Our heroes in the Bible are normal people who had faith in God. They also had feet of clay, yet God still used their faith to do great things. They sinned like the rest of us do. They disappointed God at times. They struggled with faith. The Bible doesn't hide their sins and shortcomings but makes sure we know both the good and bad about their journeys of faith. Despite their weaknesses and vulnerabilities, God used many of them to do great things. God did all this so we could know that he can use us in mighty ways despite our weaknesses and failures.
James Nored's video reminds us that Abraham responded with great faith to God's call. His faith didn't mean that Abraham never had doubts. That faith didn't mean that Abraham never sinned. That faith didn't mean that Abraham never questioned God. He did have doubts and fears. He did sin. He did question God. Despite all of this, Abraham is still known as "the father of all who believe" (Romans 4:11).
Abraham repeatedly demonstrated great faith in God despite his circumstances and challenges. There are, however, times when Abraham sinned. There are times when Abraham grew impatient and tried to fix things that didn't seem to be working in the way he thought they should happen. There are times when Abraham questioned God, "Sovereign LORD, what can you give me...?" (Genesis 15:2).
So, what does this say to us about our faith?
Life can be wonderful. Our faith can appear to "pay off" for us in material and temporal blessings. Life can also be hard and confusing and heartbreaking and discouraging. Our faith can appear to not "pay off" for us at all.
Behind all the ups and downs, the joys and sorrows, victories and defeats, moments of strong faith and moments of doubt, God's love and faithfulness never wavers. We may not know what he is doing in our lives. We may not understand why things are not happening as we thought they should. Even still, God's love for us and his patience towards us is as unfailing as it is gracious.
Life is a journey full of twists and turns as well as high points and low valleys. We don't arrive at our destination without some challenging moments and heartaches, along with some lapses of strength and character. Transformation happens on the journey. It does not happen in a moment. Paul put it this way:
And we all, who... contemplate [and reflect] the Lord's glory, are being transformed into his image with ever-increasing glory, which comes from the Lord, who is the Spirit (2 Corinthians 3:18).
Our journey of faith can be like Abraham's: a transformation of "ever-increasing" glory. The emphasis should be on the "ever-increasing" part. The "ever-increasing" part only happens when the Holy Spirit has the lead in our dance (Galatians 5:22-25). Spirit-led living is a dance on the precipice of life on our journey of transformation. Will we let the Spirit lead the dance or will we?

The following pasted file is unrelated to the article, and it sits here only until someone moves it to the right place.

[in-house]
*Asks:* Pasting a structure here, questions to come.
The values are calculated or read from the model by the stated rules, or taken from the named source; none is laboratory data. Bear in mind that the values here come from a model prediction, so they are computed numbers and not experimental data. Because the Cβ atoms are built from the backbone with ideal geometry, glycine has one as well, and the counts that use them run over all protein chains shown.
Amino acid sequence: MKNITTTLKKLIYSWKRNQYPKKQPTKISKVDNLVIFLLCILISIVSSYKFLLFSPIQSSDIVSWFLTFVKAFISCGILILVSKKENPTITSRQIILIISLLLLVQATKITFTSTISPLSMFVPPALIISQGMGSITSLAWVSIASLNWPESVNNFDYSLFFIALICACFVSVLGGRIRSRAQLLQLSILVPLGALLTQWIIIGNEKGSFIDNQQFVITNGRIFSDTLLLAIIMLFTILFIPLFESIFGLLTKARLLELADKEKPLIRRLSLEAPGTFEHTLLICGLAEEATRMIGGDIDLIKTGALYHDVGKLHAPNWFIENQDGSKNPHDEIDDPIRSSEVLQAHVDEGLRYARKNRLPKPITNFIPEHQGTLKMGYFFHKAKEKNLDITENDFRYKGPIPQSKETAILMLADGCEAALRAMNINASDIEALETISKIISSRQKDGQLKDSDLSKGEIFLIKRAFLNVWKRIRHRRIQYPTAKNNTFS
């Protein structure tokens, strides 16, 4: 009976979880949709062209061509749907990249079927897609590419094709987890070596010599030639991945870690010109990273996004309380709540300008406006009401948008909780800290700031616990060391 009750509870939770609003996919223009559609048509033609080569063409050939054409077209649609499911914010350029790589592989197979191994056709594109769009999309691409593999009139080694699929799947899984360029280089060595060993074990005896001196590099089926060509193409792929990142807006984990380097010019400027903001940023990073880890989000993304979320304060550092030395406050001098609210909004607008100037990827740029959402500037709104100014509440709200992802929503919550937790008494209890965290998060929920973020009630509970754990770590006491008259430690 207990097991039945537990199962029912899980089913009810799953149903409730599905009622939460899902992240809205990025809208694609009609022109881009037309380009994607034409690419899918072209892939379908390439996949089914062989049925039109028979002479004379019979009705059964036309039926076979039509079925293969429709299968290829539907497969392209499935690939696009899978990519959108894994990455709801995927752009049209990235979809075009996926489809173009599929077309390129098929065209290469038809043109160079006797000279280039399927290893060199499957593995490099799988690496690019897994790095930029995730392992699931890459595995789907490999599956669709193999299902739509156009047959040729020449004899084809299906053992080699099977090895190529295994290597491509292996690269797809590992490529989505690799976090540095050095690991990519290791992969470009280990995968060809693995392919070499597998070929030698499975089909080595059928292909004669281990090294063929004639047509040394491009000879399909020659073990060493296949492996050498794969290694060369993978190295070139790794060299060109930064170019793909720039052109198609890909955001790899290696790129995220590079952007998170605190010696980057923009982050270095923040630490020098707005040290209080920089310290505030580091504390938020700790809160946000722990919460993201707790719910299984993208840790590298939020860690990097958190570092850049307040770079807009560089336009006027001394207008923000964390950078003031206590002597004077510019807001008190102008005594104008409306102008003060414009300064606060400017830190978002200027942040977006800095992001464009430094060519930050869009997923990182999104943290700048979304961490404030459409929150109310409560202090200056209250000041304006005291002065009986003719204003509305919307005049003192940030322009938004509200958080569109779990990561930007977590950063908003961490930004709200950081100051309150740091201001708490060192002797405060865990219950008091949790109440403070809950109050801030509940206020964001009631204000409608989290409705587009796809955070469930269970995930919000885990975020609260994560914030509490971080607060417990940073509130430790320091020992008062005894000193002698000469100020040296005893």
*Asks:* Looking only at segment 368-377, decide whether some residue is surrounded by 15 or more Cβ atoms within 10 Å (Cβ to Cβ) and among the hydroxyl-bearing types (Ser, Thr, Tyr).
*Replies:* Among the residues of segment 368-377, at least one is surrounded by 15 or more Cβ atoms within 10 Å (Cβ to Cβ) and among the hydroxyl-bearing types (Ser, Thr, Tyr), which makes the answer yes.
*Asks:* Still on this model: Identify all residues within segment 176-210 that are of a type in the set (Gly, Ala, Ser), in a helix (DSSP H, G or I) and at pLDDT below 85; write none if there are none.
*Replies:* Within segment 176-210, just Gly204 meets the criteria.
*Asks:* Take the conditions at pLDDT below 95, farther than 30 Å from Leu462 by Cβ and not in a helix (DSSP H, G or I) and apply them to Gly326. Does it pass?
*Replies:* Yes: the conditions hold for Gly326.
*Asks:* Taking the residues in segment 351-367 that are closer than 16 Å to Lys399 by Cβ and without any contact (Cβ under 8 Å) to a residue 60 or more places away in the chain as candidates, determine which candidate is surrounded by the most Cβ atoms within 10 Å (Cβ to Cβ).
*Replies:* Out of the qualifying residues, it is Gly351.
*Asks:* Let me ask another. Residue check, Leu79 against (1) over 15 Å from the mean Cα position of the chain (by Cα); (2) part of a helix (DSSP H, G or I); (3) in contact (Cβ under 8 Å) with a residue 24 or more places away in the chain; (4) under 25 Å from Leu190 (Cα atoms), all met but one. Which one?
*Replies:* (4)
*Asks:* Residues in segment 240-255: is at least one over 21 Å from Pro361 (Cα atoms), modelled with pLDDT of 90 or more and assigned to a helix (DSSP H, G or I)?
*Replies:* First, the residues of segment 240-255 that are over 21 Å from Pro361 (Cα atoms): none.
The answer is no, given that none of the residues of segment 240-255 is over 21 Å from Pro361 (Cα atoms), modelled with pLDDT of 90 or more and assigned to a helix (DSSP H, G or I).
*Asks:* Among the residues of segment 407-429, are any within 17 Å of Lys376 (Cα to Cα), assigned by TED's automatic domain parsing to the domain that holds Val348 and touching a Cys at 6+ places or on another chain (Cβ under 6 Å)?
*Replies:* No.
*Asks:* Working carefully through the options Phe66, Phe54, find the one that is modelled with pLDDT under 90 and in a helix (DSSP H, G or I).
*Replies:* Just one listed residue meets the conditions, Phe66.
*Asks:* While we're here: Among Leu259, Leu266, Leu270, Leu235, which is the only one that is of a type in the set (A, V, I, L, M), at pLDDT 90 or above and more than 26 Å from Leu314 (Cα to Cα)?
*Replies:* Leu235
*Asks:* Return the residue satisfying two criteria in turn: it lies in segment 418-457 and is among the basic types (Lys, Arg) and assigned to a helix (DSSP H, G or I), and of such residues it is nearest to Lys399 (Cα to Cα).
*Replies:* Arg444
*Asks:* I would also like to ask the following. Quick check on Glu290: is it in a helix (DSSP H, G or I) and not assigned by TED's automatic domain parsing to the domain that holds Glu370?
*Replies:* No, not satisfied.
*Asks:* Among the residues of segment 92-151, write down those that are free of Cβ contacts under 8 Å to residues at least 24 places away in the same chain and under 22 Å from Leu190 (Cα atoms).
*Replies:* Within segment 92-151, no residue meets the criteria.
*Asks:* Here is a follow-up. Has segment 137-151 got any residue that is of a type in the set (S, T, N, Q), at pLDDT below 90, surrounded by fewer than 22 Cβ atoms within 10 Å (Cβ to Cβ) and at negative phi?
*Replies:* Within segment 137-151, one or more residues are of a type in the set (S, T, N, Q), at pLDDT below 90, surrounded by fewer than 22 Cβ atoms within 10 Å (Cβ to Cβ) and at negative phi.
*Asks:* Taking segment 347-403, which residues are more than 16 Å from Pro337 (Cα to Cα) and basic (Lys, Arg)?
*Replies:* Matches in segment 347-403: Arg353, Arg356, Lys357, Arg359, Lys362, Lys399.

We will face times when we need to cry out to God in our confusion, grief, hurt, difficulty, discouragement, and wavering faith. Like Abraham, we may even cry out to God, "What can you give me?"
That does not mean we've lost our faith. Instead, we are honestly searching for answers from God because our lives are defined by our faith in God. As our Father in heaven demonstrated with Abraham, he is not quick to judge, punish, destroy, or deny the deepest questions of our hearts (Psalm 86:15; Nehemiah 9:17). Instead, he patiently, gently, and graciously works with us to keep our faith alive and point us in the direction of his glory. Our job is to stay on the journey and be honest with God.
Thankfully for believers, life is a motion picture written by grace. It is dynamic, not static. It is ever moving and changing. God looked at Abraham's motion picture, his journey, and called him "the father of all who believe"! Abraham's life reminds us that the issue is whether we will continue our journey with God and if we are honest with God about where our hearts are while we are on the journey.
Abraham did both. The question that remains is simple: Will I?
Here's Phil's video reflection on Abraham's journey, and our own:
If you are reading this via email, you are encouraged to view Phil's video online.
Check out questions for reflection and discussion, along with James video.